May 19, 2022

In response to the neighbors wishes, the City’s Stormwater Program plans to issue a Notice of Sale to sell the nine homes to be redeveloped or elevated by a single developer. City staff hosted a virtual meeting on Thursday May 19 at 6:00pm for nearby neighbors to get their feedback to the Notice of Sale and all of its requirements.  Here is the powerpoint that was shown: Powerpoint 5:19:22

The City of Fort Worth has spent over $15 million in the last fifteen years on studies and mitigation projects to improve the storm drainage on Western, Carleton and Ashland Avenues in Central Arlington Heights. Today, neighbors who live in the area say the various projects have definitely made a difference.  Demand to live in this area is still high.  Despite the localized drainage issues, Tarrant Appraisal District valuations have almost doubled since 2017 for the homes in this immediate area.

Over the years, the drainage is this area has become a problem because of increased upstream impervious surface areas and because the 100+ year old storm drainpipes are undersized for today’s flash flood loads. Putting in bigger pipes would fix the problem, but requires many miles of new piping from Arlington Heights all the way down to the Trinity River, past the railroad tracks along Vickery Blvd. It’s a $60 million-plus solution the city says it can’t afford.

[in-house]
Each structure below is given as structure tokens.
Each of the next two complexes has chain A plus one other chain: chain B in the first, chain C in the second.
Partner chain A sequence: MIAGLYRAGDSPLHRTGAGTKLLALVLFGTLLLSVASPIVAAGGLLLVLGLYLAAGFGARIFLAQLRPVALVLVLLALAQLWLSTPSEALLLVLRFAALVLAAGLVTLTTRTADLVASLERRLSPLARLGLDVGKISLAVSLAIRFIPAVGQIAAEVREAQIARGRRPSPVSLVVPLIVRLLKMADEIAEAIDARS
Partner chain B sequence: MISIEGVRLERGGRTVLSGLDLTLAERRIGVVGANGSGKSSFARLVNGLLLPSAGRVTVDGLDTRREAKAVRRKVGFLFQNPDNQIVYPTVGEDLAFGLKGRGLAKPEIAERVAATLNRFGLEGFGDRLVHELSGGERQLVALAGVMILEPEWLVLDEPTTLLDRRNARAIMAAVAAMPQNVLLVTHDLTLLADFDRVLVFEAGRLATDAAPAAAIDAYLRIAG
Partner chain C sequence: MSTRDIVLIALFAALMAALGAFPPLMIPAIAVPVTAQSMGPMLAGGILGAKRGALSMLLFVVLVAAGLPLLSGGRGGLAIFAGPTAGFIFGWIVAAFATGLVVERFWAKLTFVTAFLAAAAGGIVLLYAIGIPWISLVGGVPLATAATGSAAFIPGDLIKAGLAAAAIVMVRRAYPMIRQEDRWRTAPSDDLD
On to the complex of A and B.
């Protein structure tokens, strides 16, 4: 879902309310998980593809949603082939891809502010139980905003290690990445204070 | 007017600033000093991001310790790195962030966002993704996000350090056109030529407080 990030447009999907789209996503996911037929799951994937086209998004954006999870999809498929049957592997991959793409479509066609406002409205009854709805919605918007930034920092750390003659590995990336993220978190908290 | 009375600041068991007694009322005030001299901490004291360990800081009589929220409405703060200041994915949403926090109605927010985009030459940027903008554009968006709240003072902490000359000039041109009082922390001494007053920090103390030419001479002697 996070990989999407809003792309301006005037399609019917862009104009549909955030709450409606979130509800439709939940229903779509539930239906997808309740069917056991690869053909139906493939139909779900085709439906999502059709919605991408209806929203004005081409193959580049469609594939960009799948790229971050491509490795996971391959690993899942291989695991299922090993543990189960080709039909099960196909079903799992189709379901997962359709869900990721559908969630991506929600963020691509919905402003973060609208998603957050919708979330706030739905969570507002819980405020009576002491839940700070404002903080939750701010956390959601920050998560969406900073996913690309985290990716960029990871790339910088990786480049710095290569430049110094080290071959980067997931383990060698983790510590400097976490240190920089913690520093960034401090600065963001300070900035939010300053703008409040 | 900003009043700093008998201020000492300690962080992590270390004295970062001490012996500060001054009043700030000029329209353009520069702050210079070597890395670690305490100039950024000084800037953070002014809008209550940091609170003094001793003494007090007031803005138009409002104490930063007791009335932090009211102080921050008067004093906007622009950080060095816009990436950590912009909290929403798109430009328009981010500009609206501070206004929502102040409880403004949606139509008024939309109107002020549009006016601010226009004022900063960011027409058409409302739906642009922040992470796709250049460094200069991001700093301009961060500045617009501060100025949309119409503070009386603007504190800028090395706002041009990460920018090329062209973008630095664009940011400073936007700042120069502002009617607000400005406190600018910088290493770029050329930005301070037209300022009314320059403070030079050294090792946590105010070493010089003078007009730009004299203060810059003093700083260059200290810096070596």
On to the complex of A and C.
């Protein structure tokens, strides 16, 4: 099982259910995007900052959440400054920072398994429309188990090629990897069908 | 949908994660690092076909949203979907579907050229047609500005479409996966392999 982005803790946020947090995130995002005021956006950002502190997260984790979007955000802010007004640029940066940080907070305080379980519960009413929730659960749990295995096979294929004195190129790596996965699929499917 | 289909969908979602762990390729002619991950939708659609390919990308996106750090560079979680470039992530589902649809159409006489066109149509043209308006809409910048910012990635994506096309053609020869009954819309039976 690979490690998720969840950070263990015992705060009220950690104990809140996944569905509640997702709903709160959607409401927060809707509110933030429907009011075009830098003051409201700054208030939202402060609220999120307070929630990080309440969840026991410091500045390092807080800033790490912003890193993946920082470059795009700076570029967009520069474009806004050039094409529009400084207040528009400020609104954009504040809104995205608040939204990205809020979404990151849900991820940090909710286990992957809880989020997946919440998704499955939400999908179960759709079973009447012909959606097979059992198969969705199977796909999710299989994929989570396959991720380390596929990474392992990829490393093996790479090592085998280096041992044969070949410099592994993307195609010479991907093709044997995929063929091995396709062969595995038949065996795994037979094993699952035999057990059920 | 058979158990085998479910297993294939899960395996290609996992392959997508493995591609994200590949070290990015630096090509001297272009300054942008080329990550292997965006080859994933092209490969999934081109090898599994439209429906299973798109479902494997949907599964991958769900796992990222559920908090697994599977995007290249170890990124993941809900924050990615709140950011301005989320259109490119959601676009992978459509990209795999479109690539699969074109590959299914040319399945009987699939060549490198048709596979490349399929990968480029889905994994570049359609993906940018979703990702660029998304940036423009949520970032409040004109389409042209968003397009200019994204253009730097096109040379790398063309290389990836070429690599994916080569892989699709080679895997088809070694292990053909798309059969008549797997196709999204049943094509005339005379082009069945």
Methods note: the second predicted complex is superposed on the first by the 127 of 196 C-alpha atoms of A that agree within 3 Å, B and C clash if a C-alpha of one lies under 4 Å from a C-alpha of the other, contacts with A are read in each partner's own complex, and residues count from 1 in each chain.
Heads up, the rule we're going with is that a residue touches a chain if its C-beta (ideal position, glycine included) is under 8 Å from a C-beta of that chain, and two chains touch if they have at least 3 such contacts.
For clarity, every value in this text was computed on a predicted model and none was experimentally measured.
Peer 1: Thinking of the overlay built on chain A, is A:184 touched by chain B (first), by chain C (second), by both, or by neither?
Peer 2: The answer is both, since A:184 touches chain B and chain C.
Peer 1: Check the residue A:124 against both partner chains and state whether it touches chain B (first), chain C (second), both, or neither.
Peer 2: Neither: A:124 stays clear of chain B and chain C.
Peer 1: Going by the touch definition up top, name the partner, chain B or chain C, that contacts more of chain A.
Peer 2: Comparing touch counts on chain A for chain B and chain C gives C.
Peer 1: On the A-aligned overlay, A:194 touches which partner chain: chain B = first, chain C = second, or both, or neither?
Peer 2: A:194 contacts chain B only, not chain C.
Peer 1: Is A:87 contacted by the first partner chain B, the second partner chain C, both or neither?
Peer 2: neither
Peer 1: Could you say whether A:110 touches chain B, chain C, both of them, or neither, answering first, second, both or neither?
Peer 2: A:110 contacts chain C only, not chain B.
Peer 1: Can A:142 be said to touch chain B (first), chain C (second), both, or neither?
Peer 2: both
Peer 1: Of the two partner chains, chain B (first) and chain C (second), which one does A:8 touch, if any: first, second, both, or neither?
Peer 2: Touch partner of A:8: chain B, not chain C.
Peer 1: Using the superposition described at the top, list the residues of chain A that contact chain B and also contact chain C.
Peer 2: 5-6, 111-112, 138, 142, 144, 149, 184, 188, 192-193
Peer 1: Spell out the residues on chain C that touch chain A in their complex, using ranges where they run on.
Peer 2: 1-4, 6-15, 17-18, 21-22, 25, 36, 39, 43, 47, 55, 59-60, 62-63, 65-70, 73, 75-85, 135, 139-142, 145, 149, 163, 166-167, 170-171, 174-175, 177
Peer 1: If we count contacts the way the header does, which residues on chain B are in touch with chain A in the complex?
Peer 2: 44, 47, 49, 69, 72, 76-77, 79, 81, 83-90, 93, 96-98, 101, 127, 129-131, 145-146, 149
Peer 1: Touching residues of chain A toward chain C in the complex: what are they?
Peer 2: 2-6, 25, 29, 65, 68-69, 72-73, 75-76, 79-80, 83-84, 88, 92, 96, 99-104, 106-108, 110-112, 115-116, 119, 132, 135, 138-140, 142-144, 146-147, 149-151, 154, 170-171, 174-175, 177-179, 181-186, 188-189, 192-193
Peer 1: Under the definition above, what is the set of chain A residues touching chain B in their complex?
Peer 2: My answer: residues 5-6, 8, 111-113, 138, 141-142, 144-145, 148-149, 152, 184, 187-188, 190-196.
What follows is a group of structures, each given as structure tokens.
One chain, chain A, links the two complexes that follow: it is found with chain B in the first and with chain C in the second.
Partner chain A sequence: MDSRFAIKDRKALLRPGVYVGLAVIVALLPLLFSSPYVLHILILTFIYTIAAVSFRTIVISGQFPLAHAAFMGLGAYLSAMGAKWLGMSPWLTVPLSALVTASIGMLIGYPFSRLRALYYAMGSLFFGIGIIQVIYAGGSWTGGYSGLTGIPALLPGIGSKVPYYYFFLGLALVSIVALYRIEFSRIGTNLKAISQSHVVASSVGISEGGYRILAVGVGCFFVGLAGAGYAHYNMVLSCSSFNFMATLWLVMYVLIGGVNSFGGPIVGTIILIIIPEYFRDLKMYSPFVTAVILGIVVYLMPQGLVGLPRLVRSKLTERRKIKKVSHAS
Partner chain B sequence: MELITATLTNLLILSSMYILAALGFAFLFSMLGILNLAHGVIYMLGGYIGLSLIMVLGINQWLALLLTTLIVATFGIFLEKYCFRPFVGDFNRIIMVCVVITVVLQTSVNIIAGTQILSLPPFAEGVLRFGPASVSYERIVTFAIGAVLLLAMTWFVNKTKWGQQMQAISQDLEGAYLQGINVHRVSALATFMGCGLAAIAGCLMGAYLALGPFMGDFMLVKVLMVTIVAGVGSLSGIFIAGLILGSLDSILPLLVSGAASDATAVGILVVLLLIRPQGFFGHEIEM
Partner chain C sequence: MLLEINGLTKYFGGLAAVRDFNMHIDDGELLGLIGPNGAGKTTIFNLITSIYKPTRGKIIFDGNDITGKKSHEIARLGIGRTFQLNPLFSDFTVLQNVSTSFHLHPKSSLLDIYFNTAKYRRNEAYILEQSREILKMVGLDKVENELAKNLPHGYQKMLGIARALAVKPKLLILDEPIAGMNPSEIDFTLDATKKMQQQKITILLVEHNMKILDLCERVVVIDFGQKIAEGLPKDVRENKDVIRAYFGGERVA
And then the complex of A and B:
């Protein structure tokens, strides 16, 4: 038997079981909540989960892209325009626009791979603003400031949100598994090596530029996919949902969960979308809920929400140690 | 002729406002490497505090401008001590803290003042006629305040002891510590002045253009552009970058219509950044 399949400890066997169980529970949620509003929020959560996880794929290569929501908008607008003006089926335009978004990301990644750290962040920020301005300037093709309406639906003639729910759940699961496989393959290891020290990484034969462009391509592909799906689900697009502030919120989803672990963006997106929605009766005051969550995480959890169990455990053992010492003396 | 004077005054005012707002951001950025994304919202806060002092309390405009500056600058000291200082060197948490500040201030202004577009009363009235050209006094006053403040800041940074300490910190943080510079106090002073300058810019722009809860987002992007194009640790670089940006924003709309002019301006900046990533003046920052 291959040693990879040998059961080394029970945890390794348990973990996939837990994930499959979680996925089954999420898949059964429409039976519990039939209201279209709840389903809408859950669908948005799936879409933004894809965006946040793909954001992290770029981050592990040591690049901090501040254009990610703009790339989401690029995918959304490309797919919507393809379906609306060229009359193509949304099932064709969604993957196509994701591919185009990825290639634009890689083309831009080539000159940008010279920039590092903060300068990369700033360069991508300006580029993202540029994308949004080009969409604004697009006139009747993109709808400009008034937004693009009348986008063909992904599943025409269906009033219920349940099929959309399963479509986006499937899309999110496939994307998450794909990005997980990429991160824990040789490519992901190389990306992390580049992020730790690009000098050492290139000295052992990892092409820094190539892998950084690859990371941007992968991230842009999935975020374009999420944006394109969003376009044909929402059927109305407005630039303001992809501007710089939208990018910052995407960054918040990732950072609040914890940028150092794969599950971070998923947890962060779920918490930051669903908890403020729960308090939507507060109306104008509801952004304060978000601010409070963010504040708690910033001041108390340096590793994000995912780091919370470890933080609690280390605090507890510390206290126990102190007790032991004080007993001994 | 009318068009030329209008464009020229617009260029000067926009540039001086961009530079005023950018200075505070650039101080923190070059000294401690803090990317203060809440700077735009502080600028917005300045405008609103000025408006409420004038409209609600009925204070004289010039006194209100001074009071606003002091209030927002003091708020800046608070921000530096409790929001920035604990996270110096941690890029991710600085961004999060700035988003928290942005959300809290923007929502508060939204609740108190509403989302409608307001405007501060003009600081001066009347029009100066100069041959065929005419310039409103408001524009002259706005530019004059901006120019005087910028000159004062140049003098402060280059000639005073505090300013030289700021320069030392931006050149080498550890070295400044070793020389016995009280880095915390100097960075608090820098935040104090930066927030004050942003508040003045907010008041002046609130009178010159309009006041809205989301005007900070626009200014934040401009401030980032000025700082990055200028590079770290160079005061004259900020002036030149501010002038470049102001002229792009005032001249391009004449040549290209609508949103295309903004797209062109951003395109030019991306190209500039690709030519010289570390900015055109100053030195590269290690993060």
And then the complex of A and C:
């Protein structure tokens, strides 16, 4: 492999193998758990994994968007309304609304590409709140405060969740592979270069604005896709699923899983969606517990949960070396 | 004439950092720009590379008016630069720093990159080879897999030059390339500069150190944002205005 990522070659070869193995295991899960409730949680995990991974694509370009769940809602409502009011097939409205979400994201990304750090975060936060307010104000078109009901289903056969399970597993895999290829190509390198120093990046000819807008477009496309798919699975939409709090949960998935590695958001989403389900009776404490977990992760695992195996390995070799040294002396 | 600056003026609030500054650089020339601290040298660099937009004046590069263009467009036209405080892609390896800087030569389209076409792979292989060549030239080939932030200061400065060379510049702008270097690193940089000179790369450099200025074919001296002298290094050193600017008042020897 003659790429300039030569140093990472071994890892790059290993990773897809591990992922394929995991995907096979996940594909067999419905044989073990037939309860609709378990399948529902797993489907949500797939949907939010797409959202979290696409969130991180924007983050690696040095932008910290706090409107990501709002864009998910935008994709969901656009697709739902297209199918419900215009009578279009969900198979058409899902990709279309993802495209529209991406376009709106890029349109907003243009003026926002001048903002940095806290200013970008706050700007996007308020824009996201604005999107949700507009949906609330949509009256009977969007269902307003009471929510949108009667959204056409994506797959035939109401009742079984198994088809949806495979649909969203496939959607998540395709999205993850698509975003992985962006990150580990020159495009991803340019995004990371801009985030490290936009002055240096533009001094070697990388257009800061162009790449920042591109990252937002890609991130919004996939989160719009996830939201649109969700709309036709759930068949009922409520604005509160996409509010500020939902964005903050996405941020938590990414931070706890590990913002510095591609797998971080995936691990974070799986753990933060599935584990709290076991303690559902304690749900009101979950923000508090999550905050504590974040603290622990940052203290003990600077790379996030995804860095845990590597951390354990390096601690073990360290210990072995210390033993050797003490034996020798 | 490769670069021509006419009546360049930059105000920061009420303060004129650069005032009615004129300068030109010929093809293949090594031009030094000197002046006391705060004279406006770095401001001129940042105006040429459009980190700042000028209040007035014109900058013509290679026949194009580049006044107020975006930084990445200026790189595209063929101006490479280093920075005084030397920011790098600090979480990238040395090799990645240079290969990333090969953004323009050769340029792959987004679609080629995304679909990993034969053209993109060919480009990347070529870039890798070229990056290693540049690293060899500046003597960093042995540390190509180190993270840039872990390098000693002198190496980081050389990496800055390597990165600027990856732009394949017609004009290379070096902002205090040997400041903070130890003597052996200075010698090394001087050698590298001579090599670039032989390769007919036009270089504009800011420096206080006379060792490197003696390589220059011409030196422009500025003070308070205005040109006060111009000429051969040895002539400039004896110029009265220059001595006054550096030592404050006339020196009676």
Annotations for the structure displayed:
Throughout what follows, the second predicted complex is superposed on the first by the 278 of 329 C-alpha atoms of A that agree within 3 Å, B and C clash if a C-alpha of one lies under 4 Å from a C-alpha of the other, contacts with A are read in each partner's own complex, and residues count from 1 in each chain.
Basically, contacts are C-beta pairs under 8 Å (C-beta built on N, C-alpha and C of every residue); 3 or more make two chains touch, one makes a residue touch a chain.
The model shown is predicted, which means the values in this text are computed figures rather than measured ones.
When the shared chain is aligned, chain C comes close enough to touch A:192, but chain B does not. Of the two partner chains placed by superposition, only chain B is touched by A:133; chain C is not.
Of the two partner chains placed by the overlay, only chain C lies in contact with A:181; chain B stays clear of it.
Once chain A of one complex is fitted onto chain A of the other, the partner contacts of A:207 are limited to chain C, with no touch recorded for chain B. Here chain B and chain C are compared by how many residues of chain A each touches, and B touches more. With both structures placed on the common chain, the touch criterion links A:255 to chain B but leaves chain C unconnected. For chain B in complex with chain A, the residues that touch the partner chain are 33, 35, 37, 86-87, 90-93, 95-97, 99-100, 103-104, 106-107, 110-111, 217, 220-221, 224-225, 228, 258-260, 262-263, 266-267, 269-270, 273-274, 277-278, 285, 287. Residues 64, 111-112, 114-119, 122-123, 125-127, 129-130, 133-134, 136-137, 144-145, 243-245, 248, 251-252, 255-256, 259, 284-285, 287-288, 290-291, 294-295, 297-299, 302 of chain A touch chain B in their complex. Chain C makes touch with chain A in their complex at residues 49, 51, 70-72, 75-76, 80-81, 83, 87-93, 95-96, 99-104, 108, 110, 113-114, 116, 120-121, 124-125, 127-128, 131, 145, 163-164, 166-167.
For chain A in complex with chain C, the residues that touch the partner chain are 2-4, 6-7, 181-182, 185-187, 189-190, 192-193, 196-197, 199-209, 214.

About five years ago, the city starting buying homes on Western and Carleton Avenues, between Bryce and El Campo Avenues, whose owners were willing to be bought out because of flash flooding.  Despite widespread neighborhood opposition, the city spent over $4 million to buy nine homes, several of which have no history of water entering the home. Through a grant from FEMA, the city is in the process of acquiring two more homes on Western Ave.

Initially, the city planned to remove all eleven homes to build a below grade public green space and detention pond that would be almost four times larger than the detention pond across from Walgreen’s on Bryce Avenue.  The area will be a 10-12 feet deep basin to hold water during rain events. The city admits that even with all eleven lots becoming one big detention pond, it will not provide a dramatic flood benefit and will not stop flash flood waters from draining down to this area. The majority of nearby neighbors prefer to keep the area privately owned residential with homes on the lots instead of public green space/detention pond.  City staff says they will not consider turning this area into open at-grade green space because it will increase flooding to adjacent homes.

For more information, please contact Linda Sterne at, 817-392-2690.